-A good time to build a monument is after an external conflict when there is no strength in nearby kingdoms in your monument base color to oppose you.

-Don't be afraid to complete a monument in your opponent's kingdom in a color in which you are strong nearby. The momument will take away three tiles worth of external strength from your opponent. If you can follow up with a successful external conflict in that color, you will win control of the monument anyway!

-After external conflicts, there are often stray tiles spread out on the board. If you have a leader out of play, look to use these stray tiles to give yourself instant external power in the color that you are missing. Even one tile of additional strength can be very helpful.

Please feel free to add in any other tips!
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Mark Haberman
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Re:Some other tips...
If your opponent leaves 3 out of 4 spaces in one color, finish the monument for him and choose a color that he dosen't have a leader down for. Then you can place your leader and get half the benefit of the monument.

Even if you can't directly benefit from the monument, sometime it's a good idea to complete it anyway and choose a secondary color that the other player is already strong in. Preventing him from getting points in a weak color.
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Paul Burkhard
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The Strength of Red.
I have decided to revise my original statement above. In the section talking about the establishment of one predominant "bully" color that you can use again and again to crush other civilizations on the board, I originally said that blue and black make for good bully colors and that red does not.

I amend this. I have found that establishing red as a bully color can be useful. I like to keep an eye on the board at the beginning of the game and watch for a kingdom with 2 or 3 red tiles, but no red leader. I then like to jump in there with my red leader and build up good red support. Sometimes, you can get a real jump on red support, using this to bully other civilizations on the board in that color.

It also helps if the Trader leader in your Priest's Kingdom is out fishing for treasures, which gives you extra red support without any effort on your part.
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Shawn Woods
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Re: Good T&E Tips....
There is a risky tactic that can be used when you want to attack a kingdom and are behind in a few influence tiles in your own kingdom. It only works when there is a placement for completing a monument which is on the colour you are attacking.

- Place a fourth tile in the opponents kingdom (with respect to the colour you wish to weaken)
- Create a monument that would hopefully benefit yourself after a successful external conflict (or at least not help them as much, in the case of a loss)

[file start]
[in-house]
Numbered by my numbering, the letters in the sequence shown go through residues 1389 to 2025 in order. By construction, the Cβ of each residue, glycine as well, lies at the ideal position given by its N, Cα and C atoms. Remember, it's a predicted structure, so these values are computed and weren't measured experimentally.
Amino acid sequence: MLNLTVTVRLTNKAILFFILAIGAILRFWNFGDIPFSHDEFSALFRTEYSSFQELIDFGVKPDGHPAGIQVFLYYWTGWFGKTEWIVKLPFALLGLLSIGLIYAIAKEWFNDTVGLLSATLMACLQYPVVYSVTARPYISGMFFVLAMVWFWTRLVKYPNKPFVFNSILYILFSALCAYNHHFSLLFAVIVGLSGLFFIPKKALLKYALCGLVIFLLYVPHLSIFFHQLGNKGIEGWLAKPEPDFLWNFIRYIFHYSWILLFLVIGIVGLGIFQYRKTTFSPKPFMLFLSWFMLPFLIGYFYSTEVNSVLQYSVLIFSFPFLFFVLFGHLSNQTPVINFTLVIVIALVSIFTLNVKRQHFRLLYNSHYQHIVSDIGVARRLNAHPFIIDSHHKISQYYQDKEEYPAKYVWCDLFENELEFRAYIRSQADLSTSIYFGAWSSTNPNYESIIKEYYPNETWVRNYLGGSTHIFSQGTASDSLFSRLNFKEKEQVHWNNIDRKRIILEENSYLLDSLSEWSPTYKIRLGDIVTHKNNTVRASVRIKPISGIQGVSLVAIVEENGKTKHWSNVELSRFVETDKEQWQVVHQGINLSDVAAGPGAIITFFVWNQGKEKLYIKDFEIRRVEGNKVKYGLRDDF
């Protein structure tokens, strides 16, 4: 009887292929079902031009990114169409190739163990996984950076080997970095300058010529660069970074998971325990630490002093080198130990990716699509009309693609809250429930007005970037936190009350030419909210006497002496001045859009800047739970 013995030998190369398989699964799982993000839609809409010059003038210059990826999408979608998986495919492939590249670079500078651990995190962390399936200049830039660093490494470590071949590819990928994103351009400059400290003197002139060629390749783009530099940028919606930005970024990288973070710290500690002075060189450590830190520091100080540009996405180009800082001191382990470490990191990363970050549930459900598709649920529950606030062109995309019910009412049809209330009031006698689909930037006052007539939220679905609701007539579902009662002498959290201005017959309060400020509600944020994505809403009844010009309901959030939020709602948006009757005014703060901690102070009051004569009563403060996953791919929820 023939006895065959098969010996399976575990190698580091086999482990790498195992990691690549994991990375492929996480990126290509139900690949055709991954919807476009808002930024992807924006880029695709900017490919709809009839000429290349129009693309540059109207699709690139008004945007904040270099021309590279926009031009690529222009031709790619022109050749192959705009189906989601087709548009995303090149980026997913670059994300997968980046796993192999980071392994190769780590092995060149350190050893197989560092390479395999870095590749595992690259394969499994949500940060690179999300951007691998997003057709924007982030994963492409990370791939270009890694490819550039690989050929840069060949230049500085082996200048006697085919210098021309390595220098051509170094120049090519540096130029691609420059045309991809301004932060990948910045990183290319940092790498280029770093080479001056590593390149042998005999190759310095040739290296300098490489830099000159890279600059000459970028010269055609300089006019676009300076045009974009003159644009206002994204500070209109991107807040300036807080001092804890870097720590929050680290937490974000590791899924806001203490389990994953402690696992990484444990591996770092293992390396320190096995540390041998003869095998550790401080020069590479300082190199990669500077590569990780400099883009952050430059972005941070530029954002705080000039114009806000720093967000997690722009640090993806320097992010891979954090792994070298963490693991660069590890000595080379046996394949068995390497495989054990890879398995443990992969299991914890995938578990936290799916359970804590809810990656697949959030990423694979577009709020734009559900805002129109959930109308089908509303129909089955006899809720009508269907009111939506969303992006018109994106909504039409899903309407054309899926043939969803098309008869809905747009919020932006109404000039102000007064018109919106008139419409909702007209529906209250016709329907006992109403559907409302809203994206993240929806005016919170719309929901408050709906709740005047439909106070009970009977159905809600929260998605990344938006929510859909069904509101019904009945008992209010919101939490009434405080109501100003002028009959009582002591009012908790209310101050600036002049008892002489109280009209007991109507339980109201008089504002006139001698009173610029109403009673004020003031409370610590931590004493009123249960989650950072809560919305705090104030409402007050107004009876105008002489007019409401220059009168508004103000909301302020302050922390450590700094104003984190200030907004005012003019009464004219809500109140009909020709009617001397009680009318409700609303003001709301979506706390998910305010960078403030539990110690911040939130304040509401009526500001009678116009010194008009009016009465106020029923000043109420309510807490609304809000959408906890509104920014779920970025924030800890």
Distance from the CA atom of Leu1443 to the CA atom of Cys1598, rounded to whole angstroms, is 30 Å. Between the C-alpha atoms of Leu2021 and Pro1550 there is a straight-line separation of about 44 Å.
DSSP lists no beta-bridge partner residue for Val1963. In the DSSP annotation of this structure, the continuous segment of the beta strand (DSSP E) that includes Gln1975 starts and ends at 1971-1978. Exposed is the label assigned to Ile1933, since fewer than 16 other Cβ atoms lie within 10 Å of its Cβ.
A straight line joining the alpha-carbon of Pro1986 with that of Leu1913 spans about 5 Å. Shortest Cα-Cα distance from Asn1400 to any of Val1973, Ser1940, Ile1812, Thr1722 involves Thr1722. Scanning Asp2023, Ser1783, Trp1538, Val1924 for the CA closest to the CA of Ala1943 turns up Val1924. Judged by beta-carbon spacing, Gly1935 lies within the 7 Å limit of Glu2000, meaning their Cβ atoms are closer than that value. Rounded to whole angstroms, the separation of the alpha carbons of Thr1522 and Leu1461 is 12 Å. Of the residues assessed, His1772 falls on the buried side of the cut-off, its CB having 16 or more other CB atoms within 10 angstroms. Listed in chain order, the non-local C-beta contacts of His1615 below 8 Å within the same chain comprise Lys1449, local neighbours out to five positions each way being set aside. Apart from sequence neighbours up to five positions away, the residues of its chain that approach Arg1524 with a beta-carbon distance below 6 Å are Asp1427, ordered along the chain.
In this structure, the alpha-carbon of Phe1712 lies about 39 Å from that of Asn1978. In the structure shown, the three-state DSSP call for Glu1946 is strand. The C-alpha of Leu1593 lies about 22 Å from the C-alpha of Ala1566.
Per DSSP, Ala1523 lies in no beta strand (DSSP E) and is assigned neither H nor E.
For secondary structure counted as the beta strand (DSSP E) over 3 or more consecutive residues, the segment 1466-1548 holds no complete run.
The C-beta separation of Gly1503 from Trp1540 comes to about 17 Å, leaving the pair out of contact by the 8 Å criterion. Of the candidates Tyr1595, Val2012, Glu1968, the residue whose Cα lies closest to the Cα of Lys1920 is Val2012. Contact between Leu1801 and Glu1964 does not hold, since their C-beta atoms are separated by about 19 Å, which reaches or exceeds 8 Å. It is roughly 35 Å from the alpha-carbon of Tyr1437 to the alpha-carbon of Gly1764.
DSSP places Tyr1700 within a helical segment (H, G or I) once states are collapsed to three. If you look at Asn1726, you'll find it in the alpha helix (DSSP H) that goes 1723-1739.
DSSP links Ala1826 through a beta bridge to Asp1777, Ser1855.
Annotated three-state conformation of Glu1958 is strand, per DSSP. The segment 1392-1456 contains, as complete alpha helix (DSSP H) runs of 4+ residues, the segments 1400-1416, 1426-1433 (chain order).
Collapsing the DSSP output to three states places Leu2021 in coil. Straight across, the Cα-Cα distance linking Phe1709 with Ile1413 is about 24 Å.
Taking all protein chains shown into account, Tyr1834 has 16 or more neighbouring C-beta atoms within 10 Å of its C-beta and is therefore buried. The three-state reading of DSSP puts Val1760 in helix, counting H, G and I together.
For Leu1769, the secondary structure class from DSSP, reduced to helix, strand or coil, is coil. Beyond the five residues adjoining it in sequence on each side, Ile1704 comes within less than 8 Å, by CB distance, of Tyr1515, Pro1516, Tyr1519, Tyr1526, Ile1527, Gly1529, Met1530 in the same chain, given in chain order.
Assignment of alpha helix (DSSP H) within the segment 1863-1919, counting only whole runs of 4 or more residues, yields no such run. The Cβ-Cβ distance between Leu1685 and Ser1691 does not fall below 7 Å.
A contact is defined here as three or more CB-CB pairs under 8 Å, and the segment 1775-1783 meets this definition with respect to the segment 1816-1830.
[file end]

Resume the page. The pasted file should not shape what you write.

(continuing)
- Now, with their loss of 3 influence (to your use of one) tiles, create an external conflict.

In a situation where it is, for example, 4 (opponent) vs 2 (you) and you only have 1 tile in your hand, you can use that one tile to reduce their on-board influence to 1. This would leave it at an advantage for yourself. Although this is not a perfect strategy, I have used it at times when I was either confident of a victory or desperate enough to risk giving the opponent a benefiting temple.

NOTE wrote:
I just noticed that something similar was mentioned above, but I overlooked it.
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Bech D
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Re: Good T&E Tips....
habermanm wrote:
Even if you can't directly benefit from the monument, sometime it's a good idea to complete it anyway and choose a secondary color that the other player is already strong in. Preventing him from getting points in a weak color.


That is generally a mistake because you can simply place the fourth tile and choose NOT to complete the monument!
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Craig Hebert
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Re: Good T&E Tips....
I don't think you understand his point. By building the monument, you have just weakened him by 3, and can assail him more easily than before. Not building the monument as you say, just made him 1 strength stronger.
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petar todosic
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Re: Good T&E Tips....
Hey all,

silverpenny has started a great thread here, and I am looking forward to the continuation of the posts (if there is to be any more..)

In the meantime, is there a one place now where a sum of the strategies is listed? I've found a couple of posts on other sites but It's all chaotic when you look at it..

TX
 
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Re: Good T&E Tips....
GreatWolf wrote:


Second, the chances of your profiting from an external conflict increase. Generally speaking, one kingdom gets beat up in an average external conflict. Having leaders on both sides of the line enables you to gain VPs, regardless of who loses.



Hey there

Would you be kind to illustrate this second advantage, I have a little trouble visualizing it. Thanx!